Wolf Eyes: Trip Metal Residency Thursday February 4 through Saturday February 6 at Union Pool: $12 – $14
Vape with the dirty dogs and witness half of Detroit’s noise music scene take over Brooklyn this weekend. The Poppa Bear old timers of Wolf Eyes will lead their little pack of trip metal prodigy puppies– all of whom you’re guaranteed only to have heard from if you lurk around shows in Detroit occasionally, or can claim at least a few drunken years of crashing/ trolling, pissing on pool tables at co-ed parties in Ann Arbor. Or maybe you just read the internet a lot. Who knows? Let’s go with internet underground music dweeb, that way everyone’s invited. More →
Bands Apart is a new weekly column wherein we outline the sometimes vast differences between bands with not-so-different names. Soak up this super important knowledge and we guarantee you’ll impress your friends, bore your mother, and alienate your dog. Up this week: Lazyeyes versus Wolf Eyes. More →
This is officially the season where all these people who describe themselves as your friends keep calling (on the actual phone, wtf), beckoning you to join them for some really screwed up stuff like BBQs and Beach Bus Excursions. Whatever happened to text messages? Hiding in your apartment for days on end? Unfortunately during summer, such creature comforts are regarded as anti-social, perhaps even dangerous. But if you can make it to these two events, we promise you’ll have a whole heap of excuses to avoid person-on-person contact for the next few months or perhaps even longer, plenty of time for your friends to wrap up their molly bender and quit being so creepy. Reading materials will save you yet.
“I’m not trying to make anyone jealous by telling you this, but I bought my house for $800,” James Cornish, a Detroit-based artist told the small gathering at Spread Art’s Bushwick Open Studios outpost on Saturday. “Well, we didn’t have cops — which isn’t necessarily as bad as you might think, wooh!”
Cornish, who essentially lives off-the-grid thanks to solar panels, shared an experience that’s become a familiar, but no less envy-inducing refrain when it comes to people describing the benefits (particularly for artists) of living in a place like Detroit. Almost everyone at the discussion audibly gasped. But Cornish and other artists visiting BOS from places like Detroit, Jersey City, and Philadelphia shared some surprisingly similar concerns about ownership, gentrification, and real estate with Bushwick residents. More →
So a screen-printed canvas banner isn’t exactly in the tradition of Diego Rivera’s proletarian frescos, but the message this building-sized advert is sending to Bushwick residents is loud and clear. Detroit: the land of opportunity, Bushwick: nearing saturation. More →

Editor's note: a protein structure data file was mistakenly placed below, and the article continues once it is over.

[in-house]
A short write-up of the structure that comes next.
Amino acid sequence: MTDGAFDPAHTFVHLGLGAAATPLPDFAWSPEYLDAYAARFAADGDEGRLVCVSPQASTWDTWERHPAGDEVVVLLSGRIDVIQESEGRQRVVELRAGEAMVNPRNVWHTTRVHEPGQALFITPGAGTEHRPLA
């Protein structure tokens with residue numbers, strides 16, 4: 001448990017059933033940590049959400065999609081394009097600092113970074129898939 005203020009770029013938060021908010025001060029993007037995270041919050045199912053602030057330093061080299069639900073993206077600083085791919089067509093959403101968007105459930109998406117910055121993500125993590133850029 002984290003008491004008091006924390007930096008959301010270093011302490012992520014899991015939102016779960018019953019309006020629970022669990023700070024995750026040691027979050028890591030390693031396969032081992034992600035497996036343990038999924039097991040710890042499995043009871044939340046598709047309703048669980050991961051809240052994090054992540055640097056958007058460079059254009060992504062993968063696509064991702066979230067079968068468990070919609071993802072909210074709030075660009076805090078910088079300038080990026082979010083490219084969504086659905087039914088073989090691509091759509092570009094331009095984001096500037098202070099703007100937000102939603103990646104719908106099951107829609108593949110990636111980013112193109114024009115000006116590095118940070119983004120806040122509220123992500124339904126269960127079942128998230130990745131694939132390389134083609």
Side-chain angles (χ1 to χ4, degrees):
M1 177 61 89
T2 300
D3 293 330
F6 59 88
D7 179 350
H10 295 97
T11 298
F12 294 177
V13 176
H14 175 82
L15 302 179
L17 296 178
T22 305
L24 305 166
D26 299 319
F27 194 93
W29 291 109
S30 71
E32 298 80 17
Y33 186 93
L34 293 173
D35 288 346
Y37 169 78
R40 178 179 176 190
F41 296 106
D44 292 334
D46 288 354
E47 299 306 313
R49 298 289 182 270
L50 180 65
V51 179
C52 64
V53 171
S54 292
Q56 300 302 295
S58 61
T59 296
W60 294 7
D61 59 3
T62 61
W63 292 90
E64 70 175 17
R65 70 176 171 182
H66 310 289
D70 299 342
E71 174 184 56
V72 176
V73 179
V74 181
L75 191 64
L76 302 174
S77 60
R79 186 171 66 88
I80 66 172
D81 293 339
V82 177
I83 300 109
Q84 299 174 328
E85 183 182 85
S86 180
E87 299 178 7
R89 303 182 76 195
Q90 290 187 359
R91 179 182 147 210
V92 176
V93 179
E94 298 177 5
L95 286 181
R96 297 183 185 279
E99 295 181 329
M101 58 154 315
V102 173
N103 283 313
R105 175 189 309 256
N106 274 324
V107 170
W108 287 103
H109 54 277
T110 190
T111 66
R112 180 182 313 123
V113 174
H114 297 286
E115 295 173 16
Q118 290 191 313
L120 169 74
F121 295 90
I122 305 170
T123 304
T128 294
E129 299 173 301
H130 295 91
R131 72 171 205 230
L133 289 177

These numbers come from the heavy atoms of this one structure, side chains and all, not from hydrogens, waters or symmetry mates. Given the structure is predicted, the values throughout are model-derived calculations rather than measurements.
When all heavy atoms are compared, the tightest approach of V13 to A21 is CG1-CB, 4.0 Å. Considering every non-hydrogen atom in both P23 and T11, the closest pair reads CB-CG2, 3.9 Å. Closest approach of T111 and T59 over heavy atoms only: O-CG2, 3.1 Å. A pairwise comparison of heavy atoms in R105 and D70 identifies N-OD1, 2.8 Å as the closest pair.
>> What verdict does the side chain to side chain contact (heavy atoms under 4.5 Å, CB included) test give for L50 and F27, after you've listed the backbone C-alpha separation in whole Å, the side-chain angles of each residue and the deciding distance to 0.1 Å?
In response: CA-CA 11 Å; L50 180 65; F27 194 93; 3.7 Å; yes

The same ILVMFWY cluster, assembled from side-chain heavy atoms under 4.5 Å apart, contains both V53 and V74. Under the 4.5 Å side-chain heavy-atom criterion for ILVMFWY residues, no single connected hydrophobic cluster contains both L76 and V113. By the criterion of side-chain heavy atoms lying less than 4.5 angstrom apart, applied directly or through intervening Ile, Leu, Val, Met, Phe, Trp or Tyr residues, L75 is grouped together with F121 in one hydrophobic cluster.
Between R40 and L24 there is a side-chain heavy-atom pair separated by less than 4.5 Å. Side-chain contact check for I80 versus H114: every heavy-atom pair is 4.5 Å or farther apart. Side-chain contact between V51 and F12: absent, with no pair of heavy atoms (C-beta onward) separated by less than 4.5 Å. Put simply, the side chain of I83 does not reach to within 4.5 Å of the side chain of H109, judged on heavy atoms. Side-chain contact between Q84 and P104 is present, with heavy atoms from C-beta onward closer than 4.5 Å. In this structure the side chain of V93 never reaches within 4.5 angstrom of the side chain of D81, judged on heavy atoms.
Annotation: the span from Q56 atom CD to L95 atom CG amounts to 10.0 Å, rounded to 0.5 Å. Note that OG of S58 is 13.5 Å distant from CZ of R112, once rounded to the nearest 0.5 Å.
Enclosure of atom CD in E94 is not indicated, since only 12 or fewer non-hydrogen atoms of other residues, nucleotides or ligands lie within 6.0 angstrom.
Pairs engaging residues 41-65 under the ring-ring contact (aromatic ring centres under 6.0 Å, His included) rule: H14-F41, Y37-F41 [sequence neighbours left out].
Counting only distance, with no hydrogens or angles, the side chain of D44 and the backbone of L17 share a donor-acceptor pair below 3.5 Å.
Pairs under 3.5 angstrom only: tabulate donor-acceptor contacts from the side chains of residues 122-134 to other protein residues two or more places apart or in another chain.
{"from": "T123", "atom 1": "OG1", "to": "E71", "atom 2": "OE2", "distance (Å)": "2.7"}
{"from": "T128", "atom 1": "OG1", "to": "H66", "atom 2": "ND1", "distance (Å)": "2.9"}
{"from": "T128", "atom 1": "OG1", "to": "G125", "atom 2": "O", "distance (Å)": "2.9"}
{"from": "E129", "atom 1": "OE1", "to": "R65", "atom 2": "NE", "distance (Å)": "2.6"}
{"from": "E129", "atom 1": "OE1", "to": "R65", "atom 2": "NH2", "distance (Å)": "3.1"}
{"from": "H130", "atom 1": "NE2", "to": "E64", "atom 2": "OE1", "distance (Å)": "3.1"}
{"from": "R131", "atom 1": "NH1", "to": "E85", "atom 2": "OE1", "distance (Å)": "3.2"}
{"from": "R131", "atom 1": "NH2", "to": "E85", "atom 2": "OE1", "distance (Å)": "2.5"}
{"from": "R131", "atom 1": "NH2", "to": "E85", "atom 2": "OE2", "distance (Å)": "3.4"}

Casey Rocheteau in 2013 (Photo: Thomas Sayers Ellis)
When Brooklyn-based poet Casey Rocheteau first heard about Write A House Detroit, a unique writer-in-residence program that awards selected writers with a permanent home in Detroit, she didn’t know what to think. “I wasn’t necessarily convinced that I should apply right away,” she said. But when Airea D. Matthews , a Detroit-based poet, posted a status on Facebook encouraging other poets to apply to the program, Rocheteau says she was convinced. “I applied, of course, with no expectation of actually getting it,” she said. “I just thought it seemed like a really fantastic and interesting idea.” More →
Brooklyn-based writer Matthew Hodges hosts an evening of readings with a crew of exciting new voices.Lauren Keils is a Brooklyn-based poet (and painter and possibly a psychadelic singer and definitely an amateur taxidermist) from Detroit.Zan de Parry, too, hails from Michigan. Elizabeth Mikesch is the owner of Brest Pressand the author of Niceties, “a subversive text of lingual dissonance in which vocality precedes sense-making operations.” May-Lan Tan—a young poet whose first book was deemed “an excellent debut about loners and outcasts” by The Guardian—will also be reading, as will Beth Steidle, whose recently published The Static Herd (a starkly lyrical meditation on death) earned praise from Heavy Feather Review.
It’s no wonder Detroit came up time and time again as an alternative to rapidly gentrifying NYC during our conversations at the Newsroom. Those abandoned buildings are often the site of epic dance parties and roving clubs, hosted by the city’s best DJs – or so says Amy Braunschweiger, who grew up an hour outside of the Motor City. More →